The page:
I arrived back from a vacation on Sunday evening, September 8. Among a number of calls on my answering machine was one from Michael Otis of The Interim, asking me to call back (I was supposed to return on August 23, but I had to extend my stay for various reasons). I knew what Michael wanted – my article for the October issue, and I was right. Except that it was worse than I thought. It had been due the week before!
However, with his customary magnanimity, Michael said that I could fax it in by Tuesday evening (today), they would try to hold things up.
So, I have to confess that so far, I am simply filling up space in the hope that some ideas may strike me as I type. Since the last full stop, I have given this article the title “Wither Ireland?”
What follows will explain.
As far as I remember, it was the famous TV personality, the late Bishop Fulton Sheen who gave the following analogy regarding what can happen to society>
If you put a frog suddenly into very hot or boiling water, it will try to jump out.
So would I!
But, if you put a frog in water which is of the same temperature as its pond water and then gradually, almost imperceptibly increase the heat, the frog will not resist even up to the boiling point and will then simply disintegrate.
I have never tested the veracity of this theory and I don’t intend to, but it does serve as an analogy of what can happen and has happened to society all over the Western world.
Ireland was a little later but, sad to say, has ‘come along side’ in recent years.
I imagine that people who have lived all their lives in Ireland do not notice the changes in the social and moral atmosphere. But those like myself, who return form abroad with memories of the ‘old days’ are more conscious of the changes which have taken place.
To give an example, in my early days of high school, I remember the shock of being told (it was whispered around) that the parents of one of the boys did not live together. At the age of 14, I could not imagine such a situation.
But the boy happened to be from England, so that explained it!
Today, separation, divorce and indeed, ‘remarriage’ are accepted in Ireland as part of modern living.
Although divorce is still illegal, it is again being debated.
A booklet entitled “Marriage Breakdown” gives some causes for the present weakening of the traditional marriage bond.
The greater degree of independence enjoyed by women today, together with a greater consciousness of their equality and their dignity, has contributed to making separation or divorce seem initially to be more economically or socially practicable for those who encounter serious difficulties in their marriages.
In some sections of Irish society over the past quarter of a century the standard of living has become relatively high and the material expectations of people entering marriage have risen accordingly. Regrettably, this improvement has been uneven; for those who have not benefited, there is a greater awareness, through the communications media of “how the other half lives’ and hence, a greater risk of dissatisfaction with the standard of living which is perceived to be less than can be, and is attained by others in our society.
For some, the availability of civil divorce elsewhere, together with the weakening of personal, cultural and religious motivation, has meant that divorce has become more morally and socially acceptable.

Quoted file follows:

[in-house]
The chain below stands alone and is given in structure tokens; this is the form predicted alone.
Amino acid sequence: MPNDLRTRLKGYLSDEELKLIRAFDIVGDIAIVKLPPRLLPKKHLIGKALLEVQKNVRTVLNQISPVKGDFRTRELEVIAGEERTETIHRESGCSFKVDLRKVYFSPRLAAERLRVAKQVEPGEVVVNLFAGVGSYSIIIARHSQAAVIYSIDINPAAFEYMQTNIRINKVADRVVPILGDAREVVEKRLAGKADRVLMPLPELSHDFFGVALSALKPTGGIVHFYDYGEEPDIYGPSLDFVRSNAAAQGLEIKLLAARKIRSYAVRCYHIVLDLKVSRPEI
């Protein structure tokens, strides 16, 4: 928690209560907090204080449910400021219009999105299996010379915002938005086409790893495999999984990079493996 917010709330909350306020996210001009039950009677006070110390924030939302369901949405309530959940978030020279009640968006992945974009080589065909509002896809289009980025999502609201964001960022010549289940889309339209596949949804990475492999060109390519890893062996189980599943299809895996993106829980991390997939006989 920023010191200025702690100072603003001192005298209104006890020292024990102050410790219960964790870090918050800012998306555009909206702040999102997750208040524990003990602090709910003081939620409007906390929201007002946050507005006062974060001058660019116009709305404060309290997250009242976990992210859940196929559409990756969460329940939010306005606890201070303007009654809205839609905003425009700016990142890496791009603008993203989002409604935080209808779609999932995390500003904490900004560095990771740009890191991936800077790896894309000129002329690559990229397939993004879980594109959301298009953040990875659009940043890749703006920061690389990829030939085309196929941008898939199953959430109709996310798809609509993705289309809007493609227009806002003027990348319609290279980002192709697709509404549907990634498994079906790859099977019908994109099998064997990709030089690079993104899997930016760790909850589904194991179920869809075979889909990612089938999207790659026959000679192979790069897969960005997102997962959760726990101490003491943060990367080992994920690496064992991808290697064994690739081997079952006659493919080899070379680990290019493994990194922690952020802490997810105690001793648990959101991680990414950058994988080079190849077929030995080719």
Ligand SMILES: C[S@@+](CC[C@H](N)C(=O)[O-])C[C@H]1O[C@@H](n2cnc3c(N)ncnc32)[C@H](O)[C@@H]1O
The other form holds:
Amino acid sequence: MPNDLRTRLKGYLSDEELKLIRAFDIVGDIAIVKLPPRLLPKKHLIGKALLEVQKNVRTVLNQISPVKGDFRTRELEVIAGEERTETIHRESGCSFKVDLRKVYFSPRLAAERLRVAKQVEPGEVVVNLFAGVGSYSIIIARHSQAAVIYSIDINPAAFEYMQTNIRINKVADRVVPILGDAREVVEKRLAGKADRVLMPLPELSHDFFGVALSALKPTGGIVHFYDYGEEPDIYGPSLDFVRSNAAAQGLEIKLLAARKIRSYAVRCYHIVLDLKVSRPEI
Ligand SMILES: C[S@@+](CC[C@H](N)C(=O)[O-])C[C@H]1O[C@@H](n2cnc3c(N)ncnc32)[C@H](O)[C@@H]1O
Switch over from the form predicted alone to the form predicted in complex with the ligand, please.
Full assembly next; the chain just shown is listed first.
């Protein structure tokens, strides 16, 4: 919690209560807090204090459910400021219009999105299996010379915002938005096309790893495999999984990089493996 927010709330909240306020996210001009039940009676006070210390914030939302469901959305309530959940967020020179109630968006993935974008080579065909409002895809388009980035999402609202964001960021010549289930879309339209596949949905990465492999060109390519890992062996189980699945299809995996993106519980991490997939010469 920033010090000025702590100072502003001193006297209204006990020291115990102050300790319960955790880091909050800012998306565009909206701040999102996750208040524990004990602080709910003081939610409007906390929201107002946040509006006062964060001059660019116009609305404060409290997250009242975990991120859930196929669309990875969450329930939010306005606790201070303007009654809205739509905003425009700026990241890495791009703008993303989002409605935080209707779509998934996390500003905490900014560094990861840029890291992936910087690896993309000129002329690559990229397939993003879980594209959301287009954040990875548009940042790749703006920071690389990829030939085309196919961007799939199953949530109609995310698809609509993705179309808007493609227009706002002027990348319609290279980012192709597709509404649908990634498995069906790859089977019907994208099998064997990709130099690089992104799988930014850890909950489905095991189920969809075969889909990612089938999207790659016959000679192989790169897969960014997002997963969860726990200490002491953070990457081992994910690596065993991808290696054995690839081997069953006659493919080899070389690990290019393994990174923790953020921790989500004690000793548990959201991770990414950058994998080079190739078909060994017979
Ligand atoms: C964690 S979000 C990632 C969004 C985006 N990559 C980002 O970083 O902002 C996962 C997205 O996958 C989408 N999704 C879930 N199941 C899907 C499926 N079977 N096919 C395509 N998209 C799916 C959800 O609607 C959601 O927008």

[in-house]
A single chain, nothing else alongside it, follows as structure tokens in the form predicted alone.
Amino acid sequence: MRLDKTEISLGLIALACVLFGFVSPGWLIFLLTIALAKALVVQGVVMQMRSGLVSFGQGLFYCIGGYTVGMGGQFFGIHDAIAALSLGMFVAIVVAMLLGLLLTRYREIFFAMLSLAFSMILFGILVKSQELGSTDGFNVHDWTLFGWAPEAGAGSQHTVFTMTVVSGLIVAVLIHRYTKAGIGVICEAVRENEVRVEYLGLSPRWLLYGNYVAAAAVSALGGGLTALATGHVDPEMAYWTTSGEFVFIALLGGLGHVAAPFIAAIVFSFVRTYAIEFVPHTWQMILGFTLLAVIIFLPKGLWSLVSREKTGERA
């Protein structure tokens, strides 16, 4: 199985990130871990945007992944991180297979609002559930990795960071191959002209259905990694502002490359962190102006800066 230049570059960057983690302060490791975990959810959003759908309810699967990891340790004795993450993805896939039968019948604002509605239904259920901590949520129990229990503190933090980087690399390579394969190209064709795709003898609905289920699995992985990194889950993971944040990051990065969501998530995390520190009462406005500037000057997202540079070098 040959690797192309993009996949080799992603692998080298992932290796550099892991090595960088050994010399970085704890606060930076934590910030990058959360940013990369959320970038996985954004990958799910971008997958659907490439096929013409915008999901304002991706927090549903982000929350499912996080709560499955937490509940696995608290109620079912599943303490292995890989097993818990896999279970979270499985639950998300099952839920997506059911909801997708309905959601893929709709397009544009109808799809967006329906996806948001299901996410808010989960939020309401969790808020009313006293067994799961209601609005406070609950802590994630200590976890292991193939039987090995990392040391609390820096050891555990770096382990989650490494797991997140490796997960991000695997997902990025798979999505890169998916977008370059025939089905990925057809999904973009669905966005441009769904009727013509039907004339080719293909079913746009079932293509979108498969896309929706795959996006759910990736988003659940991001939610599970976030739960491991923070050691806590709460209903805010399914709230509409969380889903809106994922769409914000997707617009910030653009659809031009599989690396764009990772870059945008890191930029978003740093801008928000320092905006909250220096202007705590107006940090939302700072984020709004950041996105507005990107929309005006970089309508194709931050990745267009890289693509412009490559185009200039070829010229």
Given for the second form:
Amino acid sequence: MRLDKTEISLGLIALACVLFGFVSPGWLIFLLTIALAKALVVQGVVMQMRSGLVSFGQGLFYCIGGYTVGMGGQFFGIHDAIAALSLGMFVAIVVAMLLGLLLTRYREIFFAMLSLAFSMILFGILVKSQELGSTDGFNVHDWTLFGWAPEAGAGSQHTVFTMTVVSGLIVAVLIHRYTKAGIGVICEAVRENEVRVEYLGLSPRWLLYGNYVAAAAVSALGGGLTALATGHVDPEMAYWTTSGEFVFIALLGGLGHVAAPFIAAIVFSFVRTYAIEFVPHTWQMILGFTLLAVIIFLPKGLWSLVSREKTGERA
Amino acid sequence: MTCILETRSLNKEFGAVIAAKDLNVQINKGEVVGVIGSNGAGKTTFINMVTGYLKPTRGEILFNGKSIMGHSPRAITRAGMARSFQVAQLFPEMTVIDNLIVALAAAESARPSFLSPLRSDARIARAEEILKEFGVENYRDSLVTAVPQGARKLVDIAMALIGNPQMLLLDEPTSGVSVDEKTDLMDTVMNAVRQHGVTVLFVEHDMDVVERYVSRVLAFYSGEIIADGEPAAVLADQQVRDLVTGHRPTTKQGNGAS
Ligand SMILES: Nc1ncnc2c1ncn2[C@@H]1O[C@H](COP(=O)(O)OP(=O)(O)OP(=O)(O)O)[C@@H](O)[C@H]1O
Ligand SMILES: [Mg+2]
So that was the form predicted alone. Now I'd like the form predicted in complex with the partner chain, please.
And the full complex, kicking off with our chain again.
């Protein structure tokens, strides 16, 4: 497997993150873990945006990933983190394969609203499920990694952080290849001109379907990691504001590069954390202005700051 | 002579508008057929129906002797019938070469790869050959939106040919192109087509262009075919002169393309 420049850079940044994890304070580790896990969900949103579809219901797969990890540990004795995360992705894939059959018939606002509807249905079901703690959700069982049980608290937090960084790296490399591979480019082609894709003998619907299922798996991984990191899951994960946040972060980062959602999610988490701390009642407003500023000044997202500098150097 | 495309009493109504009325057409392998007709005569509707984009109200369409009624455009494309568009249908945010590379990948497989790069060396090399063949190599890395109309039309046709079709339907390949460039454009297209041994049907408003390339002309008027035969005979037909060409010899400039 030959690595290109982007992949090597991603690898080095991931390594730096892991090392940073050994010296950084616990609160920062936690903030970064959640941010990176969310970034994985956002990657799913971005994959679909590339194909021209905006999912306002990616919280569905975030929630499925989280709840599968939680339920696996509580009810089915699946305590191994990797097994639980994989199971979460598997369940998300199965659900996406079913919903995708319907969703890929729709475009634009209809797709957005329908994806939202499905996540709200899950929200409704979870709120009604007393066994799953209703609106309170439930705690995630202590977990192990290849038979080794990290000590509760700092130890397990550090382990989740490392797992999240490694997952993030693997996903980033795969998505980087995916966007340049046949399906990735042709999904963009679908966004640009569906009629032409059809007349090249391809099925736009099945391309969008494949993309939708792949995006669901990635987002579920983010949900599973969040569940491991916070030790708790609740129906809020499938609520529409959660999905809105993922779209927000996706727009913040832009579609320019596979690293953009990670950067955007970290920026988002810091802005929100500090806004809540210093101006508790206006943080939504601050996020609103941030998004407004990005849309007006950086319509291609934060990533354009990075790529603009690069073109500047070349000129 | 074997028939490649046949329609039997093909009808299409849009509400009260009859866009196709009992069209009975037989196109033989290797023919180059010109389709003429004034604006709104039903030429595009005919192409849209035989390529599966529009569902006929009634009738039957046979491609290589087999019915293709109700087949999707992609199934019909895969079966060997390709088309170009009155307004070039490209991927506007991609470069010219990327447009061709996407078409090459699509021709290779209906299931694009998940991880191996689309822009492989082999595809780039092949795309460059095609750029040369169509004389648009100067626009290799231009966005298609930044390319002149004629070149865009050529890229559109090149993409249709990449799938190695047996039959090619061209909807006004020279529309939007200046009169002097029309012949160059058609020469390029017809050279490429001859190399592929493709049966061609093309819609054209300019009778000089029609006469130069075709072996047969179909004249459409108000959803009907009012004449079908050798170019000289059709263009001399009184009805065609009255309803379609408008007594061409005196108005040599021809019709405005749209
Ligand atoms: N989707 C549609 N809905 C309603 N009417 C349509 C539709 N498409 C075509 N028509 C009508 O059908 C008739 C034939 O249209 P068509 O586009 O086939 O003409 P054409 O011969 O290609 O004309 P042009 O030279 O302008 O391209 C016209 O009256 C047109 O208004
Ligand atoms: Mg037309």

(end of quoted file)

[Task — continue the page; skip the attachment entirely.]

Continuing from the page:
The fourth reason is, in my opinion, the most serious.
With an increase in mobility and greater emphasis on personal autonomy, the concept of exclusive commitment to another person for life may not be as attractive at the present time as it was in the past. Making personal sacrifices is often thought of as foolish, where once it was thought to be heroic.
If I were to attempt an opinion as to the underlying cause for this breakdown of marriage in my country, I think I would attribute it to the secularization of Irish society, mainly – though not entirely – due to the influence of television and the other media.
The world and its ‘values’ has been welcomed into almost every Irish sitting room and bedroom. And the influence of these values can be seen in almost every aspect of society.
Drugs are rampant with the usual violence. During the two weeks I was in Ireland there were three brutal murders. These had nothing to do with the situation in Northern Ireland. They were simply violent killings possibly related to drugs.
Sexual promiscuity has certainly increased due to a number of factors – family breakdown with consequent lack of home discipline; the influence of a steady stream of risqué TV programs and the availability of pornographic literature. According to the (Dublin), Evening Herald (April 10, 1991), ten out of twelve independent video shops in the Dublin area stock hard-core pornography including violence and sexual-deviant acts.
One of the big controversies going on at the moment is whether or not condoms should be made available to youngsters under 18. The question is not as it would have been some years ago – the morality of contraceptives – but simply how available they should legally be.
Some time ago I asked a philosopher friend of mine what he considered the greatest evil to be. He replied, “The greatest evil is present when society condones evil.”
Another side of the coin
All this must sound very negative, and so it is. But perhaps it is this aspect of Ireland that appears most obvious to a returned native like myself.
Yet there is another side to the coin.
There are wonderful families and many great Christians. On Sundays and even on weekdays, I was impressed by the number of people – mostly middle-aged – who attended Mass on a daily basis. However, they are not the ones who make the news headlines. One has to be alive to swim against the tide, for dead bodies float downstream.
And the present tide, flowing in the wrong direction, is extremely powerful.